Temples and Waterways
Long before the first ray of morning light addresses the fading night sky, Buddhist monks are already deep in prayer. Meanwhile, hotel staff members are finalizing details, checking the crisp linen and polished silver once again. Office workers are preparing for long commutes from the outer areas. And tiny women are sweeping the marble walkways of the shimmering temples with handmade brooms.
Bangkok awakens. Though this city has changed with the times, it too has remained as it was when travelers arrived from afar only by rail or by steamship.
Temples to the Sky
Bangkok’s hazy skyline is dotted with temples, or wats as they are known in Thai, resembling a giant chessboard with gilded pieces. Housed within these ornate holy places are saffron-robed monks and the few remaining white-robed nuns, all with their heads shaved. These monks greet the dawn by wandering side streets accepting offerings in their lacquer ware bowls for they own few material possessions or food. Those making these offerings of food do so, so that they and their deceased ancestors will be granted spiritual rewards.
A few of Bangkok’s more important wats include the Wat Phra Keo, built on the Grand Palace grounds by King Rama I in 1782. Within its ornate walls is the Phra Keo, or Emerald Buddha, which is the single most sacred treasure in all of Thailand. The king no longer inhabits the Grand Palace. Instead, it is the site of official receptions, traditional ceremonies, and the like.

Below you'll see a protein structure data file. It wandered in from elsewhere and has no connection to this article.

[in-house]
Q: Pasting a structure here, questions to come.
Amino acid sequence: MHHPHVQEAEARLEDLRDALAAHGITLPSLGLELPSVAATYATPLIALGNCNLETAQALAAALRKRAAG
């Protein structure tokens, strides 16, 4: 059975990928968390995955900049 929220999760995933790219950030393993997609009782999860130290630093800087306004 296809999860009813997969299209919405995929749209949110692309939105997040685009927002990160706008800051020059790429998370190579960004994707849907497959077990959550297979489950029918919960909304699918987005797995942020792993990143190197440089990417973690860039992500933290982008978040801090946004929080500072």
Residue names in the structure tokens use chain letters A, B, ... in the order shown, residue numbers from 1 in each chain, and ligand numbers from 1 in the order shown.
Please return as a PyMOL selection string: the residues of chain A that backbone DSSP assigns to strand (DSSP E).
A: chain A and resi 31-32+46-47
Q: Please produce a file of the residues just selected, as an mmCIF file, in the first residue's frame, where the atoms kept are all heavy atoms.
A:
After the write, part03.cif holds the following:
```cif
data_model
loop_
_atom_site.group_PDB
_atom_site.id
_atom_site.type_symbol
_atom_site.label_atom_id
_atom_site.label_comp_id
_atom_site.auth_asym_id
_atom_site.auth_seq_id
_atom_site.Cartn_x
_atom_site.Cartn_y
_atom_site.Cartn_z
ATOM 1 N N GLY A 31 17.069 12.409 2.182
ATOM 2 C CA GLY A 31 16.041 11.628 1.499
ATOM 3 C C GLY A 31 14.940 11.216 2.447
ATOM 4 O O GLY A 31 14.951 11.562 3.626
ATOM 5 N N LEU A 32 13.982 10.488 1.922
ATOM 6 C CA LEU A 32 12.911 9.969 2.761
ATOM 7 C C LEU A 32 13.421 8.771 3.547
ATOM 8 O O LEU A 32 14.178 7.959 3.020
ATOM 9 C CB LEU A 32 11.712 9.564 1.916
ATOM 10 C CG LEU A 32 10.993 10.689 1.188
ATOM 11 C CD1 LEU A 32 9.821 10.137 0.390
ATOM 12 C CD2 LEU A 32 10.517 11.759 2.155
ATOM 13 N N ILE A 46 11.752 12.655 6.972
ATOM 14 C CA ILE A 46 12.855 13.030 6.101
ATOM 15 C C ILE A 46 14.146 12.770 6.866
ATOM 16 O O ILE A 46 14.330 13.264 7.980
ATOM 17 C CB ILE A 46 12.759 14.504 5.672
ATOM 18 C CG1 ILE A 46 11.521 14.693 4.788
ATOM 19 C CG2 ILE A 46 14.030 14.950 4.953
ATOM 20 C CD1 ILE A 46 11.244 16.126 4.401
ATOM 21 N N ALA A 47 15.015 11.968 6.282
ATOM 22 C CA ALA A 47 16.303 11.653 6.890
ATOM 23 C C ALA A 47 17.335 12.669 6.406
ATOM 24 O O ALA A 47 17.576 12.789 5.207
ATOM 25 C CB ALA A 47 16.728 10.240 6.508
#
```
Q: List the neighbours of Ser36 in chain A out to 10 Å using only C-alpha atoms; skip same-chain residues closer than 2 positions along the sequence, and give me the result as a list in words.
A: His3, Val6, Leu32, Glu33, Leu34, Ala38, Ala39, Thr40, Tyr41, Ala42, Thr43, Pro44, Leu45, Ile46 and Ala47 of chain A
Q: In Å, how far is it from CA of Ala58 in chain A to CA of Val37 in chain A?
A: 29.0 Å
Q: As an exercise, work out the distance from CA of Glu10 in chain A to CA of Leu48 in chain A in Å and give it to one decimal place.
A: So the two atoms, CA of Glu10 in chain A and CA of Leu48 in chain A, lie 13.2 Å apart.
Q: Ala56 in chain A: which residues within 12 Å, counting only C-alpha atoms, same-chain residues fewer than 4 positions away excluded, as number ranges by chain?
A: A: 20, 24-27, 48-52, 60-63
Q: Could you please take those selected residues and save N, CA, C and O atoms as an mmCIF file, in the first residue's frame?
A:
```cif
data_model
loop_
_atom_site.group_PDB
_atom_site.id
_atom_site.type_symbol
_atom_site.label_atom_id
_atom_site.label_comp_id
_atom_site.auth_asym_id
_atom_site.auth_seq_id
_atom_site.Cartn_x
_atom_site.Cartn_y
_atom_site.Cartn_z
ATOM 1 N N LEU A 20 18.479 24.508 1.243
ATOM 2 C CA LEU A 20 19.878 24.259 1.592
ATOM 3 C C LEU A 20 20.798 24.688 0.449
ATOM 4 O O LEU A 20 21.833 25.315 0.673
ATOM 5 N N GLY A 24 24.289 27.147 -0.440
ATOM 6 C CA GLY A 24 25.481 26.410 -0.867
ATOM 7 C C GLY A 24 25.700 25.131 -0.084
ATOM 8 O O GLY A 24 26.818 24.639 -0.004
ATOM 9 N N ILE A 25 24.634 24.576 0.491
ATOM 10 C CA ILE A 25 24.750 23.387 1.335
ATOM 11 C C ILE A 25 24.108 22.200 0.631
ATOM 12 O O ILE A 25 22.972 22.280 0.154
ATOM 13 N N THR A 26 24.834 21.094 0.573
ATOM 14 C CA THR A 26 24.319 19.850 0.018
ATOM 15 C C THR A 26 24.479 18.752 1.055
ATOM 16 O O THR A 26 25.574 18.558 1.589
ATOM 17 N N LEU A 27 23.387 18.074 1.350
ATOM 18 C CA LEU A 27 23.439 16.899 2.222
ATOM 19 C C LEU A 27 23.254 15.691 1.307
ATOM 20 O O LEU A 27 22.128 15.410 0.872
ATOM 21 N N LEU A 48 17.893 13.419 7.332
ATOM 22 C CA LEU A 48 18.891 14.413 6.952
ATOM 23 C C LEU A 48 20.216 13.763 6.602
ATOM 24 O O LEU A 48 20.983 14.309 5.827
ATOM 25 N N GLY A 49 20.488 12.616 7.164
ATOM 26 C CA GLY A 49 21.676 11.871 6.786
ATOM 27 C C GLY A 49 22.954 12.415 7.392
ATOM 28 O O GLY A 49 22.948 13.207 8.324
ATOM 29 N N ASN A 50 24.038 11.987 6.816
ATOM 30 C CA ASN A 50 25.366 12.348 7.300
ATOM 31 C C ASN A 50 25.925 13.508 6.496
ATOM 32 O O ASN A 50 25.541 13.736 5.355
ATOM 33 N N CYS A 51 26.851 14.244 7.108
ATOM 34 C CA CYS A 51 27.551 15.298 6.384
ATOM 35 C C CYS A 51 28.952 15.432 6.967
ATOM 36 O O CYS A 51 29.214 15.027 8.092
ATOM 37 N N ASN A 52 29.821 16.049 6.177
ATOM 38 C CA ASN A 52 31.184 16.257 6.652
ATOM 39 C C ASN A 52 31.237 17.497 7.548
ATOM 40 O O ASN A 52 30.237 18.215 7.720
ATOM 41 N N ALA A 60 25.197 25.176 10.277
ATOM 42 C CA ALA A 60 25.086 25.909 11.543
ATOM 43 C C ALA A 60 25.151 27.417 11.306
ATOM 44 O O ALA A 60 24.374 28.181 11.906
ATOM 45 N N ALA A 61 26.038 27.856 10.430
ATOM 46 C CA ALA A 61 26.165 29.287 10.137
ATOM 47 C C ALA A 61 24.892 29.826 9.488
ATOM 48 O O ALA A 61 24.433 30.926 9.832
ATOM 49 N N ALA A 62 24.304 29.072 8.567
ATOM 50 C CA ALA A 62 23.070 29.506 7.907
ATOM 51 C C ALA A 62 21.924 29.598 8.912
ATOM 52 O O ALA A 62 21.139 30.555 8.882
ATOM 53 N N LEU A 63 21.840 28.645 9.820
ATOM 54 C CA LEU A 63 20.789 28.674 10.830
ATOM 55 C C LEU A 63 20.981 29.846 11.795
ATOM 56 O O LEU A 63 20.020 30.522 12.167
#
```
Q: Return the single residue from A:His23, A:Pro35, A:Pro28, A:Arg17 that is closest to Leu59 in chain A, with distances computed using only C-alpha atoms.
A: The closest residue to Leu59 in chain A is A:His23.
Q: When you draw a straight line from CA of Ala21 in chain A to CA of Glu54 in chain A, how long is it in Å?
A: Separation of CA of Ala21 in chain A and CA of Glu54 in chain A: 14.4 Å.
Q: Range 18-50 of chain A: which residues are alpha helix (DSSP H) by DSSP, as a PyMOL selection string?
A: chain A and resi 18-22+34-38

Wat Pho is reputed to be the oldest Thai temple. Thailand’s largest Reclining Buddha, a massive golden figure measuring 50 feet high and 150 feet long, lies inside in silent repose.
Looming on the banks of the Chao Phaya River is Wat Arun, the Temple of the Dawn. While not as immediately impressive as other temples, this wat boasts an interesting porcelain-decorated prang (or tower) which glitters in the midday sun.
Life Along the Klongs
This Chao Phaya River is Bangkok’s lifeblood. It provides the people with a transportation route, a means of shipping goods from place to place, a source for food, and a focal point for interest and activities.
Many Thai people still live along this river’s tributary canals, or klongs. Their stilt houses are often more modern than their earlier counterparts. No longer only simple wooden lean-to’s, many of today’s klong houses feature electricity, public water and sewer connections, trash removal, and mail delivery. Nonetheless, naked children still splash about in the tepid waters, women still wash clothing and dishes on their watery front steps, and dogs still bark at passing boats rowed by young girls offering everything from ripe bananas to Tupperware.
Houses along the narrower backwater channels, no wider than a canoe, are much as they were long ago when they lacked all modern conveniences. Accessible only by small boat, they often still have a small plot of farmed land or a pen of water buffalo attached.
As the afternoon sun causes your pace to slow a step or two, it’s time to retreat into one of the fine hotels flanking the banks of the Chao Phaya. A server, as gracious as a princess, will bring you a frosty iced tea and adjust the oversized umbrella perfectly so you are safe in the shade. Turn your chair so you can focus on the passing parade of rice barges, speedy boats, and cross-river ferries plying this busy river. From this spotless terrace vantage point, you’ll capture images of Bangkok you’ll savor long after your visit has ended.